Fair tax, but only after reform

Opinion: Letters To The Editor

Share on Facebook
Share on Twitter

By Editorial

Wednesday Journal has published countless articles and letters as well as commentary on President Trump, some deserved and plenty over the top. Meanwhile, the paper continues to understate or even overlook the crisis we face in Illinois with mismanagement and corruption at every level. 

After attending Senator Harmon's town hall at Julian Middle School, I have concluded that the current political leadership in Oak Park, as well as the entire state of Illinois, is hopelessly lost. Senator Harmon asserted that the state's two sins over time have been failing to fund public education and failing to fund the pension system. His cure for these failures is his fair tax proposal. 

Fritz Kaegi decried the limits homeowners may deduct on their federal income tax under the new tax laws. But he failed to mention that his proposed reforms were squashed in the legislature by none other than Mike Madigan. Property values have plummeted in Oak Park largely due to the overwhelming tax burden — especially on higher-end homes.

What's wrong? 

1) We allow elected office holders to work in businesses that have a direct conflict with their official duties as legislators.

2) We do not limit terms, which allow corrupt (and old) politicians to protect their power at the expense of progressive change.

3) We gerrymander.

4) We allow elected judges such as Illinois Supreme Court Justice Anne Burke to deem pension reform unconstitutional instead of recusing herself from the decision.

Senator Harmon likes to point out that all our neighboring states have a progressive tax, but he does so without acknowledging that these states are not hundreds of billions in debt. Wisconsin, Indiana and Iowa have been much more responsible stewards of their taxpayers' money and don't view recklessly issuing bonds to pay a backlog of debt as some miracle cure.

I am not opposed to a progressive tax but will only support it after the state legislators implement meaningful fiscal and ethics reform.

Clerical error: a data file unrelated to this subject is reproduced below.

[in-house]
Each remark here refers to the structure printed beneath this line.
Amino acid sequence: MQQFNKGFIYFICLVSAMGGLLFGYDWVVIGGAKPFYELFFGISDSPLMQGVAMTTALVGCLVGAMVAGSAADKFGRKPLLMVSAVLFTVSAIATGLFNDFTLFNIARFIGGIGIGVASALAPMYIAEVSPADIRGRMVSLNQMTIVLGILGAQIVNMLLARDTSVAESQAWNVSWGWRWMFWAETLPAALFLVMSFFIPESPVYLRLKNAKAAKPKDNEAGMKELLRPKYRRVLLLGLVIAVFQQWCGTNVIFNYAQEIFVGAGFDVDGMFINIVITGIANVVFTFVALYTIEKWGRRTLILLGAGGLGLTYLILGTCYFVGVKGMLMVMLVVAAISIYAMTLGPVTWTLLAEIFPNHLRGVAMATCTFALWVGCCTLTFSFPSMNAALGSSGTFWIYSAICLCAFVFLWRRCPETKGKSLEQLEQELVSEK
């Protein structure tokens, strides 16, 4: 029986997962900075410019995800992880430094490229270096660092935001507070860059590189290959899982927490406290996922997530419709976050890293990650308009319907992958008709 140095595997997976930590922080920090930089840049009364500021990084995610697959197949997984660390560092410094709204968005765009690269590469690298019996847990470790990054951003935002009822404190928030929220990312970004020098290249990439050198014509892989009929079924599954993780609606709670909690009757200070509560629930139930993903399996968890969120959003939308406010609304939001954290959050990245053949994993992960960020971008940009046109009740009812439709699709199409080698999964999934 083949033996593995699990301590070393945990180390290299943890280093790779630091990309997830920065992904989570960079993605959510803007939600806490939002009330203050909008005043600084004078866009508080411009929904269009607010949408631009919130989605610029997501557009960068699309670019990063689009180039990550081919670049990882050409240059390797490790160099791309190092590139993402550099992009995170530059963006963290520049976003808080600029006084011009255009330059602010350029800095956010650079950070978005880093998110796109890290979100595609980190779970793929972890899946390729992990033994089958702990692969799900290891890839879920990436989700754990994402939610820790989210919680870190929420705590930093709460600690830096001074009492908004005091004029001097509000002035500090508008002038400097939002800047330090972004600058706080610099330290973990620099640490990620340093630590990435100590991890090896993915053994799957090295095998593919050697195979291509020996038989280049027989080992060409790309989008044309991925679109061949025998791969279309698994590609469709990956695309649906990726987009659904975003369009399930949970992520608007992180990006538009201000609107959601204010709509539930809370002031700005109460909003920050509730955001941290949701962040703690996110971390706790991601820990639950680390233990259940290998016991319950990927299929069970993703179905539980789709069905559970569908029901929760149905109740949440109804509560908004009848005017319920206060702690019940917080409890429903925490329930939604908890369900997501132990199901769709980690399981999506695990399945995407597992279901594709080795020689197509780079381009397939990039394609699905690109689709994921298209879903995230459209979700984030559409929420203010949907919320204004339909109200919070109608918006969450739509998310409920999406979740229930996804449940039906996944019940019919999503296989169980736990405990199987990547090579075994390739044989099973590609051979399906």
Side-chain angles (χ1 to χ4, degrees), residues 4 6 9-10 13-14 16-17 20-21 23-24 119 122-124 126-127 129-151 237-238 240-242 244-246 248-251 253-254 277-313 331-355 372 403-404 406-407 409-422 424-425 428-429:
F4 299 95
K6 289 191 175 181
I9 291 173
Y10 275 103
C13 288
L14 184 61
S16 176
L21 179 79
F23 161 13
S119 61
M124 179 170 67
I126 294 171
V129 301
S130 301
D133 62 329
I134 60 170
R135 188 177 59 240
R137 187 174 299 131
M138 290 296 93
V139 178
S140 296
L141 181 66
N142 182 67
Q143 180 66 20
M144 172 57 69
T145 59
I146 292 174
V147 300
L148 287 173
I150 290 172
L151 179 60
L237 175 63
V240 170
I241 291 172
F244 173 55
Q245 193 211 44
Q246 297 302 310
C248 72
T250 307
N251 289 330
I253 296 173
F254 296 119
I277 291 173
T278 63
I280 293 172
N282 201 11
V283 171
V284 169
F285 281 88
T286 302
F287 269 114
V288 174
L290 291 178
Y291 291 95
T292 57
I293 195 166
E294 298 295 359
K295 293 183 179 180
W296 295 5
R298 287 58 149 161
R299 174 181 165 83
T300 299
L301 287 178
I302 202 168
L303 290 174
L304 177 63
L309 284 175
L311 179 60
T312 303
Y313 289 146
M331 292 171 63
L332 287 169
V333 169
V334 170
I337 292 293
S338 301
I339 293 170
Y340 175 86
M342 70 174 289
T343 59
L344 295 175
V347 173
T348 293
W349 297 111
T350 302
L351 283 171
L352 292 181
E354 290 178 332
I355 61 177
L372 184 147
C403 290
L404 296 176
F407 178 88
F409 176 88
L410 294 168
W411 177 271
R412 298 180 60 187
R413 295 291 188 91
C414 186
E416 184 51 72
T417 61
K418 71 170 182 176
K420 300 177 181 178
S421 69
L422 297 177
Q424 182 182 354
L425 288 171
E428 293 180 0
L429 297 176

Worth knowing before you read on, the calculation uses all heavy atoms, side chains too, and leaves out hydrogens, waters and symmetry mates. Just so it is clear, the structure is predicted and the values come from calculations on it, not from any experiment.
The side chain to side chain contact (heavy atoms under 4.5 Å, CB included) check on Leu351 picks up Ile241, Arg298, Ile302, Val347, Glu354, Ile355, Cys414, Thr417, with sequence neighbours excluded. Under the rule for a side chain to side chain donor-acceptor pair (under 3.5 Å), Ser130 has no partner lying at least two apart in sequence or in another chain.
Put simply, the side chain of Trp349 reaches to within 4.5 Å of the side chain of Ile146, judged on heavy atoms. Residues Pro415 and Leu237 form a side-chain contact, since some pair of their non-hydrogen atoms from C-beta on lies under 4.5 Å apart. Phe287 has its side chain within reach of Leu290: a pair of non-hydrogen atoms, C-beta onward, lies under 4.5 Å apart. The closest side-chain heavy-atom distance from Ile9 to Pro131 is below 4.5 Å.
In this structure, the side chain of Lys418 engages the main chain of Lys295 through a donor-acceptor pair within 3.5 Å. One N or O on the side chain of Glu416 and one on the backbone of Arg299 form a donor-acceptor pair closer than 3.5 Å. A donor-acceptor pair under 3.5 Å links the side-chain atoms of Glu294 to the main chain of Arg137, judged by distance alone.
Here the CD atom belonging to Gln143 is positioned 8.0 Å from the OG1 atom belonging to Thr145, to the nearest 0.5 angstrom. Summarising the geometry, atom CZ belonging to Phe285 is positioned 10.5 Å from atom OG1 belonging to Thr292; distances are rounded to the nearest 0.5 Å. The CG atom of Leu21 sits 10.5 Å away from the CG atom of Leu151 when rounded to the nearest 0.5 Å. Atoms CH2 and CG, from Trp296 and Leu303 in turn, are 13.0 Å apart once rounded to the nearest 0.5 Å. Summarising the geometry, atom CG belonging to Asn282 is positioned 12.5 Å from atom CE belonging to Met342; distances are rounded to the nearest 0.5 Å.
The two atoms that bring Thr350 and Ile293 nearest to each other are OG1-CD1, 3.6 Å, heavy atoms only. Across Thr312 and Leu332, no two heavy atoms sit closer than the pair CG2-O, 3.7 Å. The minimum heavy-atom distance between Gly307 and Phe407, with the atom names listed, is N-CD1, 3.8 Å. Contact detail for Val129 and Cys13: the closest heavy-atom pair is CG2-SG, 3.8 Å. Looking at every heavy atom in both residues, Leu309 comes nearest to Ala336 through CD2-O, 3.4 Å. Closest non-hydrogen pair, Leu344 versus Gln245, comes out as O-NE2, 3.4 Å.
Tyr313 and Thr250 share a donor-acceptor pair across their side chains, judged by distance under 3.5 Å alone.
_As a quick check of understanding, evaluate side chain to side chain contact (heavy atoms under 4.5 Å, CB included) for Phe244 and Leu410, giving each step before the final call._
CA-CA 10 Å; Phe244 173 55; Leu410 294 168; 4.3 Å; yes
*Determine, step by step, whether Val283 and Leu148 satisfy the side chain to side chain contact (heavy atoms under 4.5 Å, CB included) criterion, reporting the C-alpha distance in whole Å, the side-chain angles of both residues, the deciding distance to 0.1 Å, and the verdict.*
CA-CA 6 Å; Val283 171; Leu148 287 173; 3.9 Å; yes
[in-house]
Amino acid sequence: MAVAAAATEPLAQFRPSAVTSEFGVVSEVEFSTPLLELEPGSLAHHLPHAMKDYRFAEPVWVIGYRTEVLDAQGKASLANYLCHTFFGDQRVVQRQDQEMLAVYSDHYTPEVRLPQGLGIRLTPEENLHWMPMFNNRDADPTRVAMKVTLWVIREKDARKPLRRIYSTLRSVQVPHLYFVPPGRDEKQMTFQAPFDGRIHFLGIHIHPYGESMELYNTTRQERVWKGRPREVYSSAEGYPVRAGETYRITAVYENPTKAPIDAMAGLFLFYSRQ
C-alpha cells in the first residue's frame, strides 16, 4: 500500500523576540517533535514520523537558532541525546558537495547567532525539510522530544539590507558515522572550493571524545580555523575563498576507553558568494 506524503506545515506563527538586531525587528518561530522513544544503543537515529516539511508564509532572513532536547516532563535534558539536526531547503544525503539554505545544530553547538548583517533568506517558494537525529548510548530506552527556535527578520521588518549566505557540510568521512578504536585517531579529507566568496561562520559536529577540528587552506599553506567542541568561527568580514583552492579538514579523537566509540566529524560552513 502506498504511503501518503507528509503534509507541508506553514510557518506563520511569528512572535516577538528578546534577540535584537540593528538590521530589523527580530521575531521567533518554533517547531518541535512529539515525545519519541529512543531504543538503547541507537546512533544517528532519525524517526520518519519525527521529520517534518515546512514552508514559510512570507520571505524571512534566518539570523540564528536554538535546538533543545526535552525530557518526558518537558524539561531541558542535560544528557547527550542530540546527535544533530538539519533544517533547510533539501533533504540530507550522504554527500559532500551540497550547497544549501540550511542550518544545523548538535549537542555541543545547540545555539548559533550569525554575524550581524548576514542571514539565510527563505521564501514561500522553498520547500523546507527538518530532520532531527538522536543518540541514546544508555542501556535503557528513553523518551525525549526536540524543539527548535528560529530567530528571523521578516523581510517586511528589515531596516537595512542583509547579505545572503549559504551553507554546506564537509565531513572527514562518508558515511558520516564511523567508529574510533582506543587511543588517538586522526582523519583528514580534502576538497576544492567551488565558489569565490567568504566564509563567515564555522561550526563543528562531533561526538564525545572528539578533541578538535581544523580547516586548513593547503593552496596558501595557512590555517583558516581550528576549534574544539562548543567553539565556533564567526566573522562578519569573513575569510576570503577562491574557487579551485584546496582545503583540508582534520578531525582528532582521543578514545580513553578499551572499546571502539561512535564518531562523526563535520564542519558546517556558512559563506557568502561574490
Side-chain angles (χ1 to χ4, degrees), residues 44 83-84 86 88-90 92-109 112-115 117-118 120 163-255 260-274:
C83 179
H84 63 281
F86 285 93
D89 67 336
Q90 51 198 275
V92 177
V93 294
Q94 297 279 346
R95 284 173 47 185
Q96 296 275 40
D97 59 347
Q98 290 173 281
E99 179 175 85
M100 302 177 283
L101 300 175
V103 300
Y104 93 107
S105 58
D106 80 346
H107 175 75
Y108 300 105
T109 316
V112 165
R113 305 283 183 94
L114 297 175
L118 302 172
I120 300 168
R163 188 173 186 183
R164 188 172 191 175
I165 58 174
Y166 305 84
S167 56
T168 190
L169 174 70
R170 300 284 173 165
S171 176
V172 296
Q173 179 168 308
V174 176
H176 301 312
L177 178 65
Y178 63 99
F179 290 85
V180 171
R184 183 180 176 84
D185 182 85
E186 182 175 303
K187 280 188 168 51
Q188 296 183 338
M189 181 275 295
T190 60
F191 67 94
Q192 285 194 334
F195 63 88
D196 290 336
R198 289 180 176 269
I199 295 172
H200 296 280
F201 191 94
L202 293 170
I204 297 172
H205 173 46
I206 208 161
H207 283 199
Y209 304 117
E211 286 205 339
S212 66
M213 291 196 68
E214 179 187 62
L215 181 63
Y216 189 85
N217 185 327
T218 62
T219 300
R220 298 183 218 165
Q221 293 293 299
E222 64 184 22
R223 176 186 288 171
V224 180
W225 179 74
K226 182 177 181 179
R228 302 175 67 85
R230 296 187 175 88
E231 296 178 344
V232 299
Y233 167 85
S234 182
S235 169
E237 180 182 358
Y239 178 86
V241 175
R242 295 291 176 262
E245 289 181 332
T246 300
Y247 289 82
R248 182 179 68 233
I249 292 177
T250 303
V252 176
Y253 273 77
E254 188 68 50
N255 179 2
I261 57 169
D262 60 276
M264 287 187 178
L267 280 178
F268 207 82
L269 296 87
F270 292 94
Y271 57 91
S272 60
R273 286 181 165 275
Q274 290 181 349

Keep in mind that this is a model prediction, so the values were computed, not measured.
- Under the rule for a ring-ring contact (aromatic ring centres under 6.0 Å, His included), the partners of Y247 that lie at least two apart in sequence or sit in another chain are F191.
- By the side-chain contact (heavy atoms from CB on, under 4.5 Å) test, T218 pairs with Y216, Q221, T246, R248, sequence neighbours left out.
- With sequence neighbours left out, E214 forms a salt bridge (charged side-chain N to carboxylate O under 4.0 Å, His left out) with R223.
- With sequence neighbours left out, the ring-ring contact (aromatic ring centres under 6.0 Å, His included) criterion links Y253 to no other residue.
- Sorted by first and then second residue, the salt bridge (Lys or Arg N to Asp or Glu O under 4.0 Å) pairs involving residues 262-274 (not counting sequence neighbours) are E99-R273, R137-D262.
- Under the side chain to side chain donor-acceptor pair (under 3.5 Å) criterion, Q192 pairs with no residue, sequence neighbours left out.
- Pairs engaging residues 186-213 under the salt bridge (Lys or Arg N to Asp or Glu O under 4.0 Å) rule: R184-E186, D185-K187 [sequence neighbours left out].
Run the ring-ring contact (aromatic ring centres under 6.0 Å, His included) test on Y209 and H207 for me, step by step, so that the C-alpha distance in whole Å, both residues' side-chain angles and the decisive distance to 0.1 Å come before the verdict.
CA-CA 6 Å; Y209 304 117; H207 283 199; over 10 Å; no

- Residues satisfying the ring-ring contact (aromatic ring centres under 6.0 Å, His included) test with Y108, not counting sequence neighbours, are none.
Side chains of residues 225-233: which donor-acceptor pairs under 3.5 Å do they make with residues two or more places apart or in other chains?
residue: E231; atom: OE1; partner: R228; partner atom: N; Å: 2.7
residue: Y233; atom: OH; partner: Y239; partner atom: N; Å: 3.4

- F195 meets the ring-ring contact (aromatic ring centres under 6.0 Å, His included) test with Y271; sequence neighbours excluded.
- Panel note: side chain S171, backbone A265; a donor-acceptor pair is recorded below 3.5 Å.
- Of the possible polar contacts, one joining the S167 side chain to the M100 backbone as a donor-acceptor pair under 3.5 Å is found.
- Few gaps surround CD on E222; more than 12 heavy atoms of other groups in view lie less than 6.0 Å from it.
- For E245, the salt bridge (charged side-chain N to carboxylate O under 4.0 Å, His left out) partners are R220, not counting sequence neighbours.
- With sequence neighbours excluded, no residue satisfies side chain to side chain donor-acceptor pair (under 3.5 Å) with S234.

Sean O'Malley

Oak Park

Love the Journal?

Become our partner in independent community journalism

Thanks for turning to Wednesday Journal and OakPark.com. We love our thousands of digital-only readers. Now though we're asking you to partner up in paying for our reporters and photographers who report this news. It had to happen, right?

On the plus side, we're giving you a simple way, and a better reason, to join in. We're now a non-profit -- Growing Community Media -- so your donation is tax deductible. And signing up for a monthly donation, or making a one-time donation, is fast and easy.

No threats from us. The news will be here. No paywalls or article countdowns. We're counting on an exquisite mix of civic enlightenment and mild shaming. Sort of like public radio.

Claim your bragging rights. Become a digital member.

Donate Now

Reader Comments

4 Comments - Add Your Comment

Note: This page requires you to login with Facebook to comment.

Comment Policy

Mike Marek  

Posted: February 13th, 2020 10:35 PM

Amen Sean...for the other side of this coin I am attaching this article from Wirepoints. Org a non profit research organization dedicated to fiscal responsibility in Illinois https://wirepoints.org/yes-the-rich-are-fleeing-illinois-and-theyre-taking-billions-with-them/

Pati Flannery  

Posted: February 13th, 2020 7:57 PM

Well said ?'?

Terrence Smith  

Posted: February 12th, 2020 1:34 PM

This is a terrific assessment Sean. I've asked, if you can open up the constitution to eliminate the flat tax rate, why can't you do the same and institute modest pension reforms? Let's just start with going back to those reforms that were attained bipartisan approval during Pat Quinn's term but we're struck down by our wonderful, yet conflicted Supreme Court. The landslide election that has resulted in house and senate super majorities in our state government has wiped out any checks and balances we may have had previously, or any Willingness to compromise on the issue. I'd vote no on the fair tax- you cannot trust these people.

Nick A Binotti  

Posted: February 12th, 2020 12:51 PM

At the Fair Tax forum last night, a gentleman in the audience asked why the fair tax brackets were not indexed for inflation. The answer Senator Harmon gave was that inflation is a distant concern and, if it does becomes a problem, we could deal with it later. But in the last legislative session, the GA passed two tax/cost increases (doubling the gas tax and raising the teacher minimum wage) that also added inflation indexing as a component to those new laws. In other words, when wealthy special interests are involved, inflation is important and is dealt with immediately. When it's just working families' incomes, inflation is no big deal and maybe we'll do something many years from now. It's flippant messaging like this that may well sink the Fair Tax.

Facebook Connect

Answer Book 2019

To view the full print edition of the Wednesday Journal 2019 Answer Book, please click here.

Quick Links

Sign-up to get the latest news updates for Oak Park and River Forest.

MultimediaContact us
Submit Letter To The Editor
Place a Classified Ad

Classified Ad